Vancouver Island anglers no longer need to travel to the B.C. Mainland to fish for the celebrated small-lake kokanee.
The Freshwater Fisheries Society of BC and provincial fisheries staff recently announced that after several years of testing, two small lakes on Vancouver Island have now been established as stocked kokanee lake fisheries.
Located in the central Island mountains, Shelton Lake is about 25 kilometres west of the Nanaimo, and is accessed off Nanaimo Lakes Road via M Branch (1 km) and then G Branch (3.5 km to lake). A cartop-style boat launch is available at the southern end of the lake, the society says.
Farther north, Beavertail Lake is located in the wilderness 20 km west of Campbell River, and is accessed via the well-maintained Elk River Mainline gravel road (7 km) from the Gold River Highway. Recent improvements by Campbell River Fish and Wildlife Association include a fishing dock and day-use facilities.
While some kokanee populations occur naturally in Mainland lakes with connections to migrating sockeye, others, like the two Vancouver Island lakes, have been stocked. The Province began stocking non-reproductive kokanee into Shelton and Beavertail lakes in 2020 to see if they’d survive and grow large enough to support a fishery. As non-reproductive fish, they’re unable to establish a population in either location.
The Freshwater Fisheries Society notes that the kokanee appear to be doing well in the coastal lakes with some fish already reaching sizes of up to 30 centimetres – expected to increase by 3 to 5 cm this summer.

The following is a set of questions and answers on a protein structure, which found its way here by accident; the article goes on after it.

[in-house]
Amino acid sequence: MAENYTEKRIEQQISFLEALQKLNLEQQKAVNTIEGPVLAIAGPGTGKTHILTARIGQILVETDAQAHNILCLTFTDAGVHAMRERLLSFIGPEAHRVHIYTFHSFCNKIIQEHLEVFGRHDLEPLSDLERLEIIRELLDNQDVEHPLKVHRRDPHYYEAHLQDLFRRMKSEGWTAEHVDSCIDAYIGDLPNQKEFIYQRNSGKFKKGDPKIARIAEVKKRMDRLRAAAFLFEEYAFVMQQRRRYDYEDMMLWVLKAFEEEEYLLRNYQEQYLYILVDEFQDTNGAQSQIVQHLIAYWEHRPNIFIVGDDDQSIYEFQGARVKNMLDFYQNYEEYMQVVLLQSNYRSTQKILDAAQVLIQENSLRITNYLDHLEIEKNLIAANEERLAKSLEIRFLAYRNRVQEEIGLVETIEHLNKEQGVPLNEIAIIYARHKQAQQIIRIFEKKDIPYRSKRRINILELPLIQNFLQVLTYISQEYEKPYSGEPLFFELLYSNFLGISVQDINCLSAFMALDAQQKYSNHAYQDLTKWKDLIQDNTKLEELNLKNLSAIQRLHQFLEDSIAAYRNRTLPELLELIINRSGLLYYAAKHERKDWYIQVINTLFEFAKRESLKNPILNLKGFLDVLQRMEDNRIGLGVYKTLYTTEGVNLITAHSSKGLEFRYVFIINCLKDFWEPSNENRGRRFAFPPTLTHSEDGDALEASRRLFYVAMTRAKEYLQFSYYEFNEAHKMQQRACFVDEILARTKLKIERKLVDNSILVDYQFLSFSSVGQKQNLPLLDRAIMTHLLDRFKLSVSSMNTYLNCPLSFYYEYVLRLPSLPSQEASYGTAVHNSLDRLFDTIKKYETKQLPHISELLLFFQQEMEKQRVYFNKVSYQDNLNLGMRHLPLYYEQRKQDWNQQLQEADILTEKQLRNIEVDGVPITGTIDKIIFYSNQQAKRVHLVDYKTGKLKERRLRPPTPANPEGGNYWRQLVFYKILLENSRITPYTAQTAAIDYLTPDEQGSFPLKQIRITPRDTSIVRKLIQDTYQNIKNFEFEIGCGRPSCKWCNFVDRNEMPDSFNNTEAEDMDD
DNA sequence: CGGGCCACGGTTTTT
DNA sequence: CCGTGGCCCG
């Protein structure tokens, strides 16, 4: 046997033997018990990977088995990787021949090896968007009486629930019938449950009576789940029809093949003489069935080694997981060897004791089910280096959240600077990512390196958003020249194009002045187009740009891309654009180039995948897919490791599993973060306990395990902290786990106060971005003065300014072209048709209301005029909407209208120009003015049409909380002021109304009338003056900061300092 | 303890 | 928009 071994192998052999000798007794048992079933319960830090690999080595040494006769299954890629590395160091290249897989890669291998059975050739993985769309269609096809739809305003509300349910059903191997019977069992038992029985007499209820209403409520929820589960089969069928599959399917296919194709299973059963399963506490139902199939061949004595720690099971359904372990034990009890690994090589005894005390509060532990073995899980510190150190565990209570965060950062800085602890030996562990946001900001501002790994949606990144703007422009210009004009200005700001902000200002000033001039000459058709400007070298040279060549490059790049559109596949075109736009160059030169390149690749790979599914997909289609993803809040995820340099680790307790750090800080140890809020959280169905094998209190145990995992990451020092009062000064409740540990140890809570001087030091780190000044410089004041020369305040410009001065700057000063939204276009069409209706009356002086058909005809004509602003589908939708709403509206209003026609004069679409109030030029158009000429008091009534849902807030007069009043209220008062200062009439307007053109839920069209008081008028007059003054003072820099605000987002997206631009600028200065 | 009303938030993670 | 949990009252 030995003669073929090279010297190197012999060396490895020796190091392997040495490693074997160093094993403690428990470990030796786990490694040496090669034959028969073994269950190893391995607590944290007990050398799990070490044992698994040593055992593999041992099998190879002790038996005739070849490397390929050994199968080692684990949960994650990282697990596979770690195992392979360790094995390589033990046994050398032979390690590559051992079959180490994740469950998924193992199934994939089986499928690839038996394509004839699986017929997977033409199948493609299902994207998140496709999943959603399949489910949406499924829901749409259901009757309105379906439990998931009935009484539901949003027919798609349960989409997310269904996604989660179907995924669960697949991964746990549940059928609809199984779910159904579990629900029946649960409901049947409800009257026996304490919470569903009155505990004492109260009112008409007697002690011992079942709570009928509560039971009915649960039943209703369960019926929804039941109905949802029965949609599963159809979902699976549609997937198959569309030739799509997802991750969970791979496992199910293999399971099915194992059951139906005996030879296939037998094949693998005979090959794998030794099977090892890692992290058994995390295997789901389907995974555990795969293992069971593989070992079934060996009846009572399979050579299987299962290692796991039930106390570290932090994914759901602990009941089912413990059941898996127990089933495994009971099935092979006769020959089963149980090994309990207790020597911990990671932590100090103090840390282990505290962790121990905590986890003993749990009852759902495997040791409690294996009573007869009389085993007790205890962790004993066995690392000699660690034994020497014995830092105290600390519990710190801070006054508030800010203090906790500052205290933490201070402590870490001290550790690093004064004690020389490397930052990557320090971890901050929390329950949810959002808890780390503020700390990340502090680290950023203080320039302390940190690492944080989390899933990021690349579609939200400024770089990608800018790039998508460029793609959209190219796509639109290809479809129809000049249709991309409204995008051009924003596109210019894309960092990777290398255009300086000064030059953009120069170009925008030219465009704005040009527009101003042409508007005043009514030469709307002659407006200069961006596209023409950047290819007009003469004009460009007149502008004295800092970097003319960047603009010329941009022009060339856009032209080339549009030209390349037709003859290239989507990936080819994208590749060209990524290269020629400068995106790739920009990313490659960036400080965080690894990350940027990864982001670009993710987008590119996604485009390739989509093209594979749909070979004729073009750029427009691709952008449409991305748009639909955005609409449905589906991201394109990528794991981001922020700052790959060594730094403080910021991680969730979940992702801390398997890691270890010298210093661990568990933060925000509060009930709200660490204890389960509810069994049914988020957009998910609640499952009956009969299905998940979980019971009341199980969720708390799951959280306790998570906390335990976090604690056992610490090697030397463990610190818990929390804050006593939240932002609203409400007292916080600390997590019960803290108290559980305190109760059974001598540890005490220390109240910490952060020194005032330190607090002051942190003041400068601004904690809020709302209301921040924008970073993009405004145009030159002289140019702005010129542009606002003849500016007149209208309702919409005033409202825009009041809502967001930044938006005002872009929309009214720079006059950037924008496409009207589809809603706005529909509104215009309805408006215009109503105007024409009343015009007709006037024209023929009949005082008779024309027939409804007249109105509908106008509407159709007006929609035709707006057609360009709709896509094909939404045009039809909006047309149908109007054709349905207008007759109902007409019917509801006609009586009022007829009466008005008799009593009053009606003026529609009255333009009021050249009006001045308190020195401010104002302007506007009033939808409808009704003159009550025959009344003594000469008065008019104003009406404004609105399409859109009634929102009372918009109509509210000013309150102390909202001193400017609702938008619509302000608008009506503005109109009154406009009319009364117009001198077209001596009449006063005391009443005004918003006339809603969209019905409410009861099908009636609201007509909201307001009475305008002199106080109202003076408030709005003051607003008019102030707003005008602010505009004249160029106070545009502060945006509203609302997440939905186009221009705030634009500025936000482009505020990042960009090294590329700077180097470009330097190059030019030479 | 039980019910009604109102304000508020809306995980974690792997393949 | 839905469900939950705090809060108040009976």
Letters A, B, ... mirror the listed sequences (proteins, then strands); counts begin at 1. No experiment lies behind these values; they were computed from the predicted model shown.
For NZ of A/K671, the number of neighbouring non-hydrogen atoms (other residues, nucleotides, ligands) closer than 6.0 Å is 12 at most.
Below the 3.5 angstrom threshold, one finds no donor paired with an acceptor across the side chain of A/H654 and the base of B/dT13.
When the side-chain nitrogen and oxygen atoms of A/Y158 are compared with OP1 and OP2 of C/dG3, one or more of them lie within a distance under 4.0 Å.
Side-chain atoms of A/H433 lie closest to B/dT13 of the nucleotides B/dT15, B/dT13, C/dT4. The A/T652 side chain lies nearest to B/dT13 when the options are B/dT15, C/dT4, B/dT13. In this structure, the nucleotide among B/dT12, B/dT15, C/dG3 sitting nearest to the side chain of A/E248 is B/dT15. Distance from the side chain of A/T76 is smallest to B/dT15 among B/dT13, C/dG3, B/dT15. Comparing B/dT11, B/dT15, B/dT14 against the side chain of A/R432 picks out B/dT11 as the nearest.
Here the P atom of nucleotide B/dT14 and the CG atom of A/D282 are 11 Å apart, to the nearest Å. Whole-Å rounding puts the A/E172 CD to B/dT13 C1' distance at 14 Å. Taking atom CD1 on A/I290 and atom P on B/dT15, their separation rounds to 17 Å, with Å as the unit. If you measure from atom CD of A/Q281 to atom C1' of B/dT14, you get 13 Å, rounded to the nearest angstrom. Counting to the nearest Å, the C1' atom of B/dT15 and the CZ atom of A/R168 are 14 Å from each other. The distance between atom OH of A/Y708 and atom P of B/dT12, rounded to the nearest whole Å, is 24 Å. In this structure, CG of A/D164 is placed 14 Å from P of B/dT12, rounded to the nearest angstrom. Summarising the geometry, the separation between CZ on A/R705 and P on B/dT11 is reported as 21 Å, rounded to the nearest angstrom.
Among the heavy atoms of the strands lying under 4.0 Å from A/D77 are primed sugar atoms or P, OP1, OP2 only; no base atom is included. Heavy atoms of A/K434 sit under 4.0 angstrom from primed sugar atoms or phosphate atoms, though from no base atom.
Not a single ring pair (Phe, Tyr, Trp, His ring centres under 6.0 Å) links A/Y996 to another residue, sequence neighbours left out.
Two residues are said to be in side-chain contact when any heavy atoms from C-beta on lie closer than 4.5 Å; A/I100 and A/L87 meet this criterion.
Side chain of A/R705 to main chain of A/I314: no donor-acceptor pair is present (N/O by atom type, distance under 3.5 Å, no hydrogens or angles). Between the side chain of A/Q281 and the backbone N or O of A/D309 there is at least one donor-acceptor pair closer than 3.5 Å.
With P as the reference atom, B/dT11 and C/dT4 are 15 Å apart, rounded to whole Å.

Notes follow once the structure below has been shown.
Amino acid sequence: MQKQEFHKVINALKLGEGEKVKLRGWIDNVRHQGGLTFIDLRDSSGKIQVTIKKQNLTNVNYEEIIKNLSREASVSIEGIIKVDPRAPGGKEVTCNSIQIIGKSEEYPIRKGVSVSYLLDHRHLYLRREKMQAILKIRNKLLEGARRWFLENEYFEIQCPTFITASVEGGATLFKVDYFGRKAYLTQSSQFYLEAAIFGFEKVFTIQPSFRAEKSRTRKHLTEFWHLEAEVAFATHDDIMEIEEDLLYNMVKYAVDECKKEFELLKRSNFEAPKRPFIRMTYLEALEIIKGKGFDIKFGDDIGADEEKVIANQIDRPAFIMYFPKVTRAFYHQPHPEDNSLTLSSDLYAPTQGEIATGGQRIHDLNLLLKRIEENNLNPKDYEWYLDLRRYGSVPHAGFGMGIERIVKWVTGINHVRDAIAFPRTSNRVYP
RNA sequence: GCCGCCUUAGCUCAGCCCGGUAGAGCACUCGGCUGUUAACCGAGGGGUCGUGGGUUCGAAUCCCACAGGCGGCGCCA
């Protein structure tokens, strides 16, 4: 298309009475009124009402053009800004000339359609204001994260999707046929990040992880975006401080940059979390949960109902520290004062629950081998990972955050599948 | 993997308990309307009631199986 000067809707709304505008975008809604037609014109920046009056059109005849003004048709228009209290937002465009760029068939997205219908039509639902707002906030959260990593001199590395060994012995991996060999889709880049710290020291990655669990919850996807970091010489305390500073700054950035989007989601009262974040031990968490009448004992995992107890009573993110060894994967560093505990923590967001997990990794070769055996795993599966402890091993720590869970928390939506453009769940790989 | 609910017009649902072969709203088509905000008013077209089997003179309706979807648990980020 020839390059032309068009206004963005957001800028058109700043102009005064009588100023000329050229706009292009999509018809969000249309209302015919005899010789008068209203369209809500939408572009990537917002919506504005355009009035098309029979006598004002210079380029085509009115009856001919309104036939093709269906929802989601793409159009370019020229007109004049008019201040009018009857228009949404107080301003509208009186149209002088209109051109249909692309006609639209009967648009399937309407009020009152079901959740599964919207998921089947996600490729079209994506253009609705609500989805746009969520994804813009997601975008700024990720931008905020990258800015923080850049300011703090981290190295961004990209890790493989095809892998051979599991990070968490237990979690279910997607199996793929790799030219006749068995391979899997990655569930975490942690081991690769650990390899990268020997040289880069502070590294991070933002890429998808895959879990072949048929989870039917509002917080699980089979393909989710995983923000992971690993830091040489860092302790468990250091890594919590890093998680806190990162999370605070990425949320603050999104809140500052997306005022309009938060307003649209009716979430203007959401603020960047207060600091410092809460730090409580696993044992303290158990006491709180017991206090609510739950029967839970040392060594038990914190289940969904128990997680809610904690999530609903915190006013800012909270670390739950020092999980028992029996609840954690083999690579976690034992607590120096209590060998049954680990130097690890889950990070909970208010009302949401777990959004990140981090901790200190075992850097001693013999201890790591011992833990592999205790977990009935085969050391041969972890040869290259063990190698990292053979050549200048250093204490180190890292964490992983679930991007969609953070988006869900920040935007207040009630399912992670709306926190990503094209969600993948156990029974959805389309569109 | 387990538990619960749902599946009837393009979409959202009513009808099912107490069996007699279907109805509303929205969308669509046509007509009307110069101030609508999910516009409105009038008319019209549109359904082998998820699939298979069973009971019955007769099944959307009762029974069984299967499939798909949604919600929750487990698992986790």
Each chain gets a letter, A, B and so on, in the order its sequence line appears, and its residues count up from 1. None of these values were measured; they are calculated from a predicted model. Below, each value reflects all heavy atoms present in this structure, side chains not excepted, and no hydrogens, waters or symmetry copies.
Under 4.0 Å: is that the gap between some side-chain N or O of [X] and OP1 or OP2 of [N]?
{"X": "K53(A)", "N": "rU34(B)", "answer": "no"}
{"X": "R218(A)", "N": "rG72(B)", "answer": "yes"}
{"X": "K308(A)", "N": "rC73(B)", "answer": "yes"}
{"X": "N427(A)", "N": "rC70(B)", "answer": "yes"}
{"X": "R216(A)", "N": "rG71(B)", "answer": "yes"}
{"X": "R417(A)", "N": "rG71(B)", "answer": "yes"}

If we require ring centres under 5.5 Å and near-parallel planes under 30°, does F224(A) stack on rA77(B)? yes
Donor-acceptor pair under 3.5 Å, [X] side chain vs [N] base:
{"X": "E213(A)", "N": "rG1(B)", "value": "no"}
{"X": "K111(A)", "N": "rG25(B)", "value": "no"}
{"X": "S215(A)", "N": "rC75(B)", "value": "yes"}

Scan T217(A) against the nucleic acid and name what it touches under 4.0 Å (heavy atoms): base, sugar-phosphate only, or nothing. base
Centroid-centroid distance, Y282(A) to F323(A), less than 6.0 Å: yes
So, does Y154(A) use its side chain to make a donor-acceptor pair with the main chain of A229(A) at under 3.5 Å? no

What are kokanee?
The freshwater form of colourful sockeye salmon, kokanee spend almost their entire lives in a single lake. While smaller than their ocean-venturing cousins, they look very similar, but retain a silvery colour until mature.
They’re also fun fish to catch, says Sue Pollard, in her blog for the society.
“Depending on the season, these feisty fish can put up a good fight. As an added bonus, they are delicious table fare, and many anglers prefer the taste of kokanee over trout,” Pollard says.
Preferring cooler waters, you’ll typically find kokanee in the middle of the lake for much of the year, heading deeper as the weather warms, but they may move to shallower areas in the spring during insect hatches.
How to catch kokanee
Kokanee are typically accessible throughout the year, even to the novice angler, but given their preference for cool waters, a boat will typically be needed for success, Pollard says.
“A classic set-up is to troll a kokanee lure with corn-baited hook behind a small dodger or micro flasher off a downrigger, or simply drop a two-ounce weight with a worm on a hook down to where the fish are,” Pollard says, recommending two blogs for further reading: Nick Basok’s Guide to Trolling for Kokanee Salmon in Lakes and Mike Ramsay’s Kokanee Fishing Tips Through the Seasons.
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